Kashmir: How two breadwinners became casualties?

Photo: Mohmmad Abu Bakar 

‘It has been four days since I lost my husband. My world has collapsed like my soul has been ripped apart. I can’t even console my son and tell him where his father has gone to, it is becoming more appalling by the day. Now, it’s just the memories of us that I have,” said Aasiya Manzoor.

“I have a son and I am pregnant with another child. What will be the future of my kids in the absence of their father?’ she asks.

Till noon on Saturday, June 12, life was full of joy for 28-year-old Aasiya and her husband, Manzoor Ahmad Shalla, from Shallapora. He was killed in a standoff between militants and Indian forces in Sopore, Kashmir. The volatile conflict destroying their lives, turning Aasiya into a widow and Hamad, their 2-year-old kid into an orphan. Husband’s death has left Aasiya, who is in the first phase of her pregnancy, numb and shattered. She is awfully silent and completely lost inside a dimly lit room full of mourners.

Two policemen and two civilians were killed during the shootout between Indian forces and suspected militants. However, local residents accused the police of targetting the civilians.

Two policemen and two civilians were killed during the shootout between Indian forces and suspected militants. However, local residents accused police of targetting the civilians. Photo: Mohmmad Abu Bakar 

According to an eyewitness, Manzoor Ahmad was working as a salesman in a shop run by his cousin, Riyaz Ahmad. He was whisked away in a police jeep from his kiryan shop for violating Covid-19 lockdown protocol.

‘I don’t know the actual reality. Who killed my brother? The authorities should clarify how and in what circumstance my brother was killed. First they should answer why he was taken away even after conceding to remit fine and beg for the release’, said Firdous Ahmad, younger brother of Manzoor. “We are not blaming anyone but authorities should show us all the CCTV footage so that everything will be transparent and the culprits get punished.”

“Now he is in his grave, this is the worst nightmare.”

Almost 2 km away from Manzoor’s house family of another civilian victim, Bashir Ahmad Pahloo, a cart vendor, is mourning for the sole breadwinner.

Inside the room, mourners were reticent, disturbingly silent. Tent pitched in the lawn on the bank of Jhelum was a packed house of mourners, mostly women; Manzoor is unable to come to the terms with the loss of the friend and companion Pahloo. They had known each other for more than 15 years. Manzoor is so stricken with grief and sense of guilt fills inside him after the incident.

Bashir Ahmad Pahloo, 48, a street vendor was among the four people killed in sopore town along with two police personnel on Saturday, after a police vehicle was fired by militants. Four other people, including three police personal, were wounded.

Manzoor, a friend of Pahloo and co-owner of the handcart, said that on the day, the street was relatively calm and clear when Bashir went out for tea. He had barely walked a few meters when the firing started. ‘I started running with other people, the rest is history’, he said.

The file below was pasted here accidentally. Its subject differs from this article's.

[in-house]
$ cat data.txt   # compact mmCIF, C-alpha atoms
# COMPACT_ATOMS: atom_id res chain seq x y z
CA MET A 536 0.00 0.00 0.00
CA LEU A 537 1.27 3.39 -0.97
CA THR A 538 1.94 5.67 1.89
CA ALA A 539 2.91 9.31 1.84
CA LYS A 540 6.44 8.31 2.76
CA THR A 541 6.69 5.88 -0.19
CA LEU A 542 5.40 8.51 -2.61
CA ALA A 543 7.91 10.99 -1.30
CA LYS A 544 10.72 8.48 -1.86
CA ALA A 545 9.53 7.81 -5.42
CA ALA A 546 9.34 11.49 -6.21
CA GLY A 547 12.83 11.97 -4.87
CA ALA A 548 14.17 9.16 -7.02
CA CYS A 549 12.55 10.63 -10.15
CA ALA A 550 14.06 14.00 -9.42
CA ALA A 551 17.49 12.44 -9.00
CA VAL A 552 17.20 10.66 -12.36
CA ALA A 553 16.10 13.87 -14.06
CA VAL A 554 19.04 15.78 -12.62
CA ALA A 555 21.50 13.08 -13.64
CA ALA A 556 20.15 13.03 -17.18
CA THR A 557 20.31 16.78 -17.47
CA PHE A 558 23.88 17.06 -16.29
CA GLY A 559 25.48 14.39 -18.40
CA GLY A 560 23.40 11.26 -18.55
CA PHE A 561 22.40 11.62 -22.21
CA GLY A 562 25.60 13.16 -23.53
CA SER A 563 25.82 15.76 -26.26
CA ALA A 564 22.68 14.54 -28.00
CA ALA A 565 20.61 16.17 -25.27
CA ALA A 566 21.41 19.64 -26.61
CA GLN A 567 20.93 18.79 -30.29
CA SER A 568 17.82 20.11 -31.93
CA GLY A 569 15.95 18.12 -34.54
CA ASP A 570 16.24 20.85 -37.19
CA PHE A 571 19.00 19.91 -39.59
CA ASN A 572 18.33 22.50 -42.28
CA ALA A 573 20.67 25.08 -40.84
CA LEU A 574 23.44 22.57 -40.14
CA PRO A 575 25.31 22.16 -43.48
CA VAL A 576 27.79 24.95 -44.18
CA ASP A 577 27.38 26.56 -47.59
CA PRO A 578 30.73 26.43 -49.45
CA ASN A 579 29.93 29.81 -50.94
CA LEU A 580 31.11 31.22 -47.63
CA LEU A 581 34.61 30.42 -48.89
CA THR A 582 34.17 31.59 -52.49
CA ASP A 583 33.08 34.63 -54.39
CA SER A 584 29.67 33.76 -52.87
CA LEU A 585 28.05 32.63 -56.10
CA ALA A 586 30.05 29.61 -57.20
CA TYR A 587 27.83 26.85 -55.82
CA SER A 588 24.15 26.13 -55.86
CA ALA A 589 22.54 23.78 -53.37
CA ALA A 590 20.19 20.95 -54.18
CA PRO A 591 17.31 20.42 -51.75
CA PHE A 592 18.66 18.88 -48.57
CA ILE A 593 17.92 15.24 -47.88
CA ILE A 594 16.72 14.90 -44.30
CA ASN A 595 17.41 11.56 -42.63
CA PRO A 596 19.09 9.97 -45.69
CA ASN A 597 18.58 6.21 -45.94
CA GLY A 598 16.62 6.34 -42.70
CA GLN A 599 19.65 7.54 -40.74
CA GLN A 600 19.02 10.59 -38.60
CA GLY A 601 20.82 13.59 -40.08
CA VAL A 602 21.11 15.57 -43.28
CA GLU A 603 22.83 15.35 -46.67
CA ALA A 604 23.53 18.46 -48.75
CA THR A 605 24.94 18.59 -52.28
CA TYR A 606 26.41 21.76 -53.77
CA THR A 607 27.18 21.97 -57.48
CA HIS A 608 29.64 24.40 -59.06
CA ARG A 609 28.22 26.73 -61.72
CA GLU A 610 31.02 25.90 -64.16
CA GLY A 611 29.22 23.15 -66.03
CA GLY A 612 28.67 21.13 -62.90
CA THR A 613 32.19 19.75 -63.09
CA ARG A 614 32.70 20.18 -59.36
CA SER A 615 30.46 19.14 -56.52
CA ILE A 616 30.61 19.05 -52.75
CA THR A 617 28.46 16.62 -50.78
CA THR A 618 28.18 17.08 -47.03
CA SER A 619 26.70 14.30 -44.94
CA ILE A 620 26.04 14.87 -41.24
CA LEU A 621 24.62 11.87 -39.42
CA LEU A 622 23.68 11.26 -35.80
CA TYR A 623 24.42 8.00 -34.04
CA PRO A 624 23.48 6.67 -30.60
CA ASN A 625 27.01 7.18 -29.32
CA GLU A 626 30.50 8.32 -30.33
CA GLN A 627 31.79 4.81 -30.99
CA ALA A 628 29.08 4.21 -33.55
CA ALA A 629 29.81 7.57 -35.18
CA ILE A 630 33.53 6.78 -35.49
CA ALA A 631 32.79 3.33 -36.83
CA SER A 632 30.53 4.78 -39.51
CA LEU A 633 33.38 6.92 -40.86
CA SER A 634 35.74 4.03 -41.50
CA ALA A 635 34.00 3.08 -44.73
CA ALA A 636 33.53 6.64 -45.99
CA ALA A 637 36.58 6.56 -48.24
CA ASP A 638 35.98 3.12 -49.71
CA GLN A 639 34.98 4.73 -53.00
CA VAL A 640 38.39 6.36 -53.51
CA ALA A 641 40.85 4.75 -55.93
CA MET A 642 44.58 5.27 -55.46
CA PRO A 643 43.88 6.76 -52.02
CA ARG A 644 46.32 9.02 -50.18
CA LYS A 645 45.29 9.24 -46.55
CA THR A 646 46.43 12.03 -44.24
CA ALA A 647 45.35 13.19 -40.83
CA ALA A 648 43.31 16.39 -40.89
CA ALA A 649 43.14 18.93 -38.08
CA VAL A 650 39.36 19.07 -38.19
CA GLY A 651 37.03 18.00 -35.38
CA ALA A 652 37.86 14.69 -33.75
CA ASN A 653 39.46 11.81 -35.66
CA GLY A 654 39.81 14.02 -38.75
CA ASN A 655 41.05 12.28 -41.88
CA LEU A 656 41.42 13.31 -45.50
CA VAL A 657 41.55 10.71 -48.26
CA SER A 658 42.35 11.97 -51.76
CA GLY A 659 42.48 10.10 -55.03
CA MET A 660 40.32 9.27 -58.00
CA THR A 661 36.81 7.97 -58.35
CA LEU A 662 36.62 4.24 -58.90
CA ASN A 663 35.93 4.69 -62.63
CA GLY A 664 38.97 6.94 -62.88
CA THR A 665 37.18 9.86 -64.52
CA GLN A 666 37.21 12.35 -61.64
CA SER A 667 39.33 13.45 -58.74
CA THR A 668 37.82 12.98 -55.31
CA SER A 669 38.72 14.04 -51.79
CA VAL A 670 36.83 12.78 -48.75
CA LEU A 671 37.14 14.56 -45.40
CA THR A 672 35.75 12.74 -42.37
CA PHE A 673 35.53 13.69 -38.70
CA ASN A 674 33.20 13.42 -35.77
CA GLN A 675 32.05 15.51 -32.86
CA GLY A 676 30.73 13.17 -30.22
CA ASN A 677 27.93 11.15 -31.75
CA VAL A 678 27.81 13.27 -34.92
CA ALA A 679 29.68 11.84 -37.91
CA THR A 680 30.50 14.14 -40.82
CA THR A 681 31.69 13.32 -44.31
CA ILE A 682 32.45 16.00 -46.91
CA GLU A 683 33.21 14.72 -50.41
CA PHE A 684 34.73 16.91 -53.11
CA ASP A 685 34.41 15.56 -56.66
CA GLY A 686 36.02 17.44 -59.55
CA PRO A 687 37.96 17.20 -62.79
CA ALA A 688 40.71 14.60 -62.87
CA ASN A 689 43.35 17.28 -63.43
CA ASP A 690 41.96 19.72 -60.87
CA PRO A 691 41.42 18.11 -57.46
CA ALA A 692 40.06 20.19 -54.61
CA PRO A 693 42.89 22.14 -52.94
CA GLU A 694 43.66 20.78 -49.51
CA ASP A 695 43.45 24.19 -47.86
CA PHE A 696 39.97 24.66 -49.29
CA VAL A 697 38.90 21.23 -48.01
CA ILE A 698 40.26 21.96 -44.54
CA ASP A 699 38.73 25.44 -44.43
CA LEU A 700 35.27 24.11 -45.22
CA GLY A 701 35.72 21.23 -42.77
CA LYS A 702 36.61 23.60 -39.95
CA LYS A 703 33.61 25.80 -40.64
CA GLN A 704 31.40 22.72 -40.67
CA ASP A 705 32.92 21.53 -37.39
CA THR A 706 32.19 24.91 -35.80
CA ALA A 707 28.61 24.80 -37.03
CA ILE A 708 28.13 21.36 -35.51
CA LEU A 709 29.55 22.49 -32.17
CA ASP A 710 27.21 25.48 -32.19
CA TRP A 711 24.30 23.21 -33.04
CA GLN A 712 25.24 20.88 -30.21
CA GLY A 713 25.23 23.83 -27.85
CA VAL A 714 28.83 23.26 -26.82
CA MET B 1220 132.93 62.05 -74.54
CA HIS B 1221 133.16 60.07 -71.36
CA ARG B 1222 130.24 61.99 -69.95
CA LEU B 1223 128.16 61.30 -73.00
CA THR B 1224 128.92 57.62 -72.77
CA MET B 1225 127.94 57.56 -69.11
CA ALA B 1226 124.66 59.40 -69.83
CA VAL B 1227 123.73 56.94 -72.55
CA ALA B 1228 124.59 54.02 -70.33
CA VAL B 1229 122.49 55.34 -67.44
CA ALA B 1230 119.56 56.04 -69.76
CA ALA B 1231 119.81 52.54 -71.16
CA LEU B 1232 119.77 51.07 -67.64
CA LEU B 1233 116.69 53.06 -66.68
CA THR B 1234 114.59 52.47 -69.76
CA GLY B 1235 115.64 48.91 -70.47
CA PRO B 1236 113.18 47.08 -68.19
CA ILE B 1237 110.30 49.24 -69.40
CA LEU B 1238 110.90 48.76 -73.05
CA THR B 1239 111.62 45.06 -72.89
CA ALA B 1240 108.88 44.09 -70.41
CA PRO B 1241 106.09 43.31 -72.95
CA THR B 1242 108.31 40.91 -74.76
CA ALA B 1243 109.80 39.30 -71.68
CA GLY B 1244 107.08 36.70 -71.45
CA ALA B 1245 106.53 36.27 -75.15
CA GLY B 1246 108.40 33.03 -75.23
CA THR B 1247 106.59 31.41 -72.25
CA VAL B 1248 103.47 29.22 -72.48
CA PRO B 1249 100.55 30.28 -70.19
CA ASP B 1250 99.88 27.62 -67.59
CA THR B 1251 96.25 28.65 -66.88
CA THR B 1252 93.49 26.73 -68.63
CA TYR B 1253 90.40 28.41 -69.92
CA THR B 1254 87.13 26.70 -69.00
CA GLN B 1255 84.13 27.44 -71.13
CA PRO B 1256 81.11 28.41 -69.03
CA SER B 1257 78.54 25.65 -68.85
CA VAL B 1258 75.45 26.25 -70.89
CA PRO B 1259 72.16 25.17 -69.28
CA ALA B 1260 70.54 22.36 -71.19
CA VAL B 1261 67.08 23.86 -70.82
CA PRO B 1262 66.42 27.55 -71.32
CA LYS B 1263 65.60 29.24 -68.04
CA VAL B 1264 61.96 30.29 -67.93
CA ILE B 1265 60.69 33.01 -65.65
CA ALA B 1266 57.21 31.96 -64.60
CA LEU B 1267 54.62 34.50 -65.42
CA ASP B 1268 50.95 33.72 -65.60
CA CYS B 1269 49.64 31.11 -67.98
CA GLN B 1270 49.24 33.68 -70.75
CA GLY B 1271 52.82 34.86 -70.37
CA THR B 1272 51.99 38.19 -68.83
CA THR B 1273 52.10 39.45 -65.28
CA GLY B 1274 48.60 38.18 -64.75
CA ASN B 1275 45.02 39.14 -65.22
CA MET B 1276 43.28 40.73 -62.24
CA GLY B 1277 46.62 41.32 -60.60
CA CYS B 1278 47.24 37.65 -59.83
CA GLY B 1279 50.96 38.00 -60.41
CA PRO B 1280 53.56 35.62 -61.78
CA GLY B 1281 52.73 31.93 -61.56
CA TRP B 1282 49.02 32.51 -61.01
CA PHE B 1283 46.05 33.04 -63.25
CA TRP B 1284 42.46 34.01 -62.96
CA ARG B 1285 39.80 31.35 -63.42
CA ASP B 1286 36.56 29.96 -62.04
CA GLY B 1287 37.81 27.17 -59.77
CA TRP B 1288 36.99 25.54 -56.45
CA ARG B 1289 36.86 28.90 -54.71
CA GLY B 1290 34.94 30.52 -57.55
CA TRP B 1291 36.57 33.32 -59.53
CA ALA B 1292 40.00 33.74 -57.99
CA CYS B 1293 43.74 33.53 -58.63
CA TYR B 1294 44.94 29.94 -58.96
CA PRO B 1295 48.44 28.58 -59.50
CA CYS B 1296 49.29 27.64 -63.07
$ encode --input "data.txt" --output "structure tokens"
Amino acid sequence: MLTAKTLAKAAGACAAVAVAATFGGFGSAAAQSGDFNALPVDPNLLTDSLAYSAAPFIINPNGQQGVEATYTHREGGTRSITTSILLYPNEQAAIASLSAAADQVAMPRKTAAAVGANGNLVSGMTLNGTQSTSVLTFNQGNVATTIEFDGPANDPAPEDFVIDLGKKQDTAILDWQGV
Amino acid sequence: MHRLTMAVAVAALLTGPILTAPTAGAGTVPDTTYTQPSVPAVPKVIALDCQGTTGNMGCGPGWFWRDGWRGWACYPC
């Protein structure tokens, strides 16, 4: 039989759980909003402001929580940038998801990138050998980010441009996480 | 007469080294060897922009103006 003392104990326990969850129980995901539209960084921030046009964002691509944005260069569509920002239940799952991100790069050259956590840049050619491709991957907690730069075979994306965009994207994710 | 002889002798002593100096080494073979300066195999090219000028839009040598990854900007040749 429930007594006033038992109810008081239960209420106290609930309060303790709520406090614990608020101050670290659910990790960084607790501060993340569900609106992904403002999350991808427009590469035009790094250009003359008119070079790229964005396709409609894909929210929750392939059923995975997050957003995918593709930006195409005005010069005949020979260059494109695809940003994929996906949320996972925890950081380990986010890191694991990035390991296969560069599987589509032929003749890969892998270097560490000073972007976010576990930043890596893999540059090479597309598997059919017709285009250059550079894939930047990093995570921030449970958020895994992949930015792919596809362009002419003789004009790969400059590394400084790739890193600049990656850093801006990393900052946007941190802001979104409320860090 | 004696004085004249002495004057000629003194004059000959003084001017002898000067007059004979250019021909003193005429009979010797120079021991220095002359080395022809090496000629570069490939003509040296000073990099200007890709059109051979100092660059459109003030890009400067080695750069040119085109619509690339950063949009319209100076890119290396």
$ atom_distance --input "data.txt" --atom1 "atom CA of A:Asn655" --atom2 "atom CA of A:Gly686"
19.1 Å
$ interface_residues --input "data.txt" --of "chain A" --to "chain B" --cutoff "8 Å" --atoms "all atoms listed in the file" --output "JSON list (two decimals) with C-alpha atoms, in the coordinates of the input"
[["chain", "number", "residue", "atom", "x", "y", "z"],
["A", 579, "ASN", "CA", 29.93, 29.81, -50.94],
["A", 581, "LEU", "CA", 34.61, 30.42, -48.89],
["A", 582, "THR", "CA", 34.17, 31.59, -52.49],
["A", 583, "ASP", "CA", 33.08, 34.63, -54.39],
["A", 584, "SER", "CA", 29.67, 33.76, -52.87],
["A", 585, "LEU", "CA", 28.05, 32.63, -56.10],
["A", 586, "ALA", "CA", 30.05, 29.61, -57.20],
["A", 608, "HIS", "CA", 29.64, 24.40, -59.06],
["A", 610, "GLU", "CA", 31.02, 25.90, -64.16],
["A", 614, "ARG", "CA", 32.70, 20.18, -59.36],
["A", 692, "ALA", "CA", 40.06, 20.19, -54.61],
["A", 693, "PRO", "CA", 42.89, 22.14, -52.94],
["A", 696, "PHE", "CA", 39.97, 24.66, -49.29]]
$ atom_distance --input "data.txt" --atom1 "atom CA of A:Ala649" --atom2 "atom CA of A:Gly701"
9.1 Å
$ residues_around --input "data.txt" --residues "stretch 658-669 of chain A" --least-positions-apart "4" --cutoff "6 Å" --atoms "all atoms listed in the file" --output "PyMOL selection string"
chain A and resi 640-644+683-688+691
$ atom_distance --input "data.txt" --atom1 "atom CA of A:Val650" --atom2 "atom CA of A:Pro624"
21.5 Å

“We used to start and end our day in each other’s arms no matter the situation. It is extremely painful on several aspects. Conflict has stolen a companion of mine. Conflict really did steal a piece of everyone who knew Bashir. Three days before, we were making plans. And now he is in his grave, this is the worst nightmare,” said Manzoor Ahmad Laway.

On the opposite side, Junaid, the only son of the slain Bashir is listening to this conversation with a distraught face. The death of his father has shaken Junaid. The emptiness created by father’s death, the sadness mingled with resentments has traumatized Junaid.

“My father was an attentive role model. He was more a mother than a father to me. My mother died a few years back, but my father made sure that her absence did not cross my mind. I am alone. I wake up in the morning with a searing pain,” said Junaid, while attending to the mourners. “It is in me the whole day. I can barely talk to anybody.”

Junaid said the family, including Junaid’s grandmother has been devastated and is still trying to make sense of why his father was taken away. “We are crushed. That day, it was hard. It’s something that a son shouldn’t go through. This home will never be the same without him.”

Photo: Mohmmad Abu Bakar 

However, Sudhanshu Verma, Senior Superintendent of Police, Sopore said, ‘It was never a targeted firing from our side. Retaliation was done in air because there could have possibility of OGW or any anti element standing near the site waiting to through a grenade or anything gets frightened. Whatever footage we collected, we showed all that to both the families. Claiming anything is easy but everything has to be verified.”

“The case is under investigation’” he added.

Sopore incident has wrecked havoc on these families. A woman has been rendered a widow, a child orphaned, a sister has lost her brother and a friend, a friend. Wounds have been inflicted and questions unanswered.

Malik Nisar is an independent journalist based in Kashmir.